Before his passport read ‘novelist’, Michael Bracewell learnt his trade on the first rush of British style magazines. Much of Bracewell’s work from the mid-’80s could be found in Arena, sibling to The Face but with a considerably higher brow. Sadly, the magazine got crushed in the publishing stampede that has instead brought respectability to top shelf reading. After the breakdown-and-prozac cocktail of his last novel Saint Rachel – a moving meditation on mental distress – Bracewell has resumed his former cultural commentary. This time the canvas is broader. England Is Mine purports to have a thesis but is more a collection of essays masquerading as a whole, short stories rather than a novel. His subject is pop. Does this mean pop as in popular, Pop as in Art, or pop as in Top Of The? Well, Bracewell would argue all three. I’m not sure he’s right.
He claims that domestic art of the twentieth century is always fighting for its own piece of England: ‘The rebels in England’s Arcady.. are defending the Arcadian values that they love, passionately, from what they recognise as abuse at the hands of self-serving tyrants and their occupying armies.’ According to Bracewell, this Arcady satisfies the ‘need within the psyche of Englishness to look back to an idealized past…’ Nostalgia is apparently intrinsic to our national culture.
The title of the book comes, presumably, from a line in The Smiths’ Still Ill. Bracewell’s cause finds a strong ally in Morrissey, who sang ‘A rush and a push and the land that we stand on is ours.’ Morrissey is the conscience of lost Arcady: beleaguered, revolutionary, pastoral and drenched in the perfume of the past.
England Is Mine, however, wants to plot the entire century through these tinted spectacles. The opening chapter deals with the Culture and Anarchy paranoia of the new century and, in doing so, attempts to lay foundations. We drop in on Wilde and Waugh and Forster to see if they think Old England is dying. We take in a movie, a War and hear a few poems and songs. It isn’t always clear where we are going. I mean, who invited Enid Blyton to this party? Bracewell might be excellent on the fine details but his sense of overall design is rickety. Whenever his theme comes up, it seems frankly incidental.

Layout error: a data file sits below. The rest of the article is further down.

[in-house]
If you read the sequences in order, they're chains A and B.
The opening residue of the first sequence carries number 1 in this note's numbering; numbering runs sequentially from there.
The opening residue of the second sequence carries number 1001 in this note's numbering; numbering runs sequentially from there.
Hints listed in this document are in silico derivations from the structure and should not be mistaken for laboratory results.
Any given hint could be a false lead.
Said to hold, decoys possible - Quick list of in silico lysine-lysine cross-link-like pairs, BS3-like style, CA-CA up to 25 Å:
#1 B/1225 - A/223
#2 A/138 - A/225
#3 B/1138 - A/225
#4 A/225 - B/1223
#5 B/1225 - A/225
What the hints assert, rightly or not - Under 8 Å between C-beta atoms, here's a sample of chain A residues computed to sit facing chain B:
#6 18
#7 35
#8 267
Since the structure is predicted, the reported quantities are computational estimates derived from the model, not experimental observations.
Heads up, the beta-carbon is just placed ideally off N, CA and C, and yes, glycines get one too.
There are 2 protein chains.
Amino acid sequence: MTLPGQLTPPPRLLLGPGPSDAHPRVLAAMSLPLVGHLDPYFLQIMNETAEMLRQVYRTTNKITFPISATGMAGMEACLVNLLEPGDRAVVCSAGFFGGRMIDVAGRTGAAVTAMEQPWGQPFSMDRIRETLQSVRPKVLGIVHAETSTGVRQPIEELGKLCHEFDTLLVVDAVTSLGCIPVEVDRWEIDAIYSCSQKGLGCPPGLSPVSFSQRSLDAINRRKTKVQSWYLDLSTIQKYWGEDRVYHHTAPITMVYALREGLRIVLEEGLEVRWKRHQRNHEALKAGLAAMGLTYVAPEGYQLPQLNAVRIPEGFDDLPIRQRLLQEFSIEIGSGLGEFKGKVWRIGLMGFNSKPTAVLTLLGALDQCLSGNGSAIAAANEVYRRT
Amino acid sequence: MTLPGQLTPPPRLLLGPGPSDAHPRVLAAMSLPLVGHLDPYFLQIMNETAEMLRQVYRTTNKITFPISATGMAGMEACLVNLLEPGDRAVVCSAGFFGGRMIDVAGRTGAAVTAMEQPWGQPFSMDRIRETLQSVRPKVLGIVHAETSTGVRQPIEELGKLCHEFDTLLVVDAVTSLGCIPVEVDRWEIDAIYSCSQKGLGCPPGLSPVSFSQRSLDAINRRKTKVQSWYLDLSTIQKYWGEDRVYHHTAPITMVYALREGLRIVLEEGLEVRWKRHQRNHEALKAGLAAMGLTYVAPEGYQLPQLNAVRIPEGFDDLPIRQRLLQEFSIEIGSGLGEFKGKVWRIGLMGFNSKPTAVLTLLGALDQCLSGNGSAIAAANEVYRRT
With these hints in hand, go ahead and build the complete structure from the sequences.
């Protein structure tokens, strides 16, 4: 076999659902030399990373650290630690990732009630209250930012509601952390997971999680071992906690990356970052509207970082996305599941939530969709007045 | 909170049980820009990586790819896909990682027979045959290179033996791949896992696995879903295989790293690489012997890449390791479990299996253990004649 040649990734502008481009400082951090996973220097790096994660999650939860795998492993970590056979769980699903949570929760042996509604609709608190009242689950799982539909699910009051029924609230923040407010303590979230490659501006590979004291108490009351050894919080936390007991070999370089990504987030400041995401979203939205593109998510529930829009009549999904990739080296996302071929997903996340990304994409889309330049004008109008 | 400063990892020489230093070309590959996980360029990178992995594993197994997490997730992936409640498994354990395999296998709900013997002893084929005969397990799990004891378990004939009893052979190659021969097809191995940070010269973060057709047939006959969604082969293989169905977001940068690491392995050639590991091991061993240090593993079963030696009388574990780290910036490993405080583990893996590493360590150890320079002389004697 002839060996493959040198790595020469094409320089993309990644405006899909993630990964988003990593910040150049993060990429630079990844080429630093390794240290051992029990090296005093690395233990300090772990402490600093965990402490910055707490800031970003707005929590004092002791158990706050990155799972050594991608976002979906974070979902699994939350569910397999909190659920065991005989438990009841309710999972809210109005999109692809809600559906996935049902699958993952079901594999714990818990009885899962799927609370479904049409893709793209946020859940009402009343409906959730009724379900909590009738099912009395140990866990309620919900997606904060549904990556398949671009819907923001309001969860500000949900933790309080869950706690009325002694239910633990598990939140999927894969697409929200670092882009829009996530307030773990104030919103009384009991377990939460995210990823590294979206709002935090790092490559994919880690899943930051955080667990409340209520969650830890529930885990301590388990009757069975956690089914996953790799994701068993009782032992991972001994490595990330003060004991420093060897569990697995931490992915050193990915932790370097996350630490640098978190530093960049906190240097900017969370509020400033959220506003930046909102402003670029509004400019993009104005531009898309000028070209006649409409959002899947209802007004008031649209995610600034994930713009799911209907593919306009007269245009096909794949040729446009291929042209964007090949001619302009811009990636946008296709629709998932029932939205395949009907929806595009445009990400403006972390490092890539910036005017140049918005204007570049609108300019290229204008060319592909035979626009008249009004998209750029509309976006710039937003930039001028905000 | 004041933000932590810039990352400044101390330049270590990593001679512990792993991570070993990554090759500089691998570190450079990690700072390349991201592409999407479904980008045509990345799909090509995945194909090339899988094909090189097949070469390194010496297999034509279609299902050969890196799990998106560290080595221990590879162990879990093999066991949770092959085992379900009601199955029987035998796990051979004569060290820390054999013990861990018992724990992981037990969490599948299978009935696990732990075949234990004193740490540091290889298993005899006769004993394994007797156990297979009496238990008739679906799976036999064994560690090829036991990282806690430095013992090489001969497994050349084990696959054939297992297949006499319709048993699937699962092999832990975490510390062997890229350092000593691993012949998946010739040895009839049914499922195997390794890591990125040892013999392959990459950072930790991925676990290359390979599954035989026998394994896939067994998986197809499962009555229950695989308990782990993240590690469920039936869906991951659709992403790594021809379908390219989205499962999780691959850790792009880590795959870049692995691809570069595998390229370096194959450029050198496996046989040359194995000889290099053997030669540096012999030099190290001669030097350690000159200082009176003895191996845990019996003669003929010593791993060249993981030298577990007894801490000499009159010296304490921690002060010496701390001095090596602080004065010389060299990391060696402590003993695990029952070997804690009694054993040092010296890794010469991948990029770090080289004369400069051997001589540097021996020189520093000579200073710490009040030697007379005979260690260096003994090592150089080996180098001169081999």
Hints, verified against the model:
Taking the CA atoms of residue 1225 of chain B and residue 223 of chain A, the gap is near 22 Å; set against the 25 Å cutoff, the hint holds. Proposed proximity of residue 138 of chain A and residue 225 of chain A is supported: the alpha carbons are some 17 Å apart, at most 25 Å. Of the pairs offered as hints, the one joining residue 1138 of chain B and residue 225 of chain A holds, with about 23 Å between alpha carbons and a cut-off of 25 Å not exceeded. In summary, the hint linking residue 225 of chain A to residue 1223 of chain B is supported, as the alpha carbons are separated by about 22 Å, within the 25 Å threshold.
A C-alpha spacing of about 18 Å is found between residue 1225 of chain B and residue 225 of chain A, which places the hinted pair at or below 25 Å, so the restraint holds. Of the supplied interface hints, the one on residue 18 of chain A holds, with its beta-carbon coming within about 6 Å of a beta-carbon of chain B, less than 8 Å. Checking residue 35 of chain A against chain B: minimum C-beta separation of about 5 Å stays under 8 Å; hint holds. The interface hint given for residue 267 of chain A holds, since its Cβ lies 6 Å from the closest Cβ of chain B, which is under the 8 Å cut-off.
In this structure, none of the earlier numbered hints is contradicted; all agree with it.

Surprisingly, this hardly matters. The book becomes fascinating, at least to this reader, once it puts the Penguin Modern Classics back on the shelf and turns on the stereo. In fact, Bracewell writes in such a way to make Art seem a mere rehearsal for pop’s Great Performance. Bracewell gives both time and energy to what he clearly loves the best – his record collection.
What is most engaging about England Is Mine is Bracewell’s insistence on treating pop music as an explosive and pensive form, often most thoughtful precisely at its most physical. By the time the Mods arrive, Bracewell is really guzzling the gas. He casts them as smart modernists rather than the retro-obsessed, tent-wearing, hairdrier-riders of public imagination. The Mods are asking what others are afraid to:
“The question, in fact, was a massive: ‘Who am I?’ The male sensibility in English pop, as it built its muscles through Mod, was both a reaction against adolescent (even teenage) conformity, and a belief that pop could be a spiritual quest through the boredom and hostility of modern English life in search of self-knowledge.”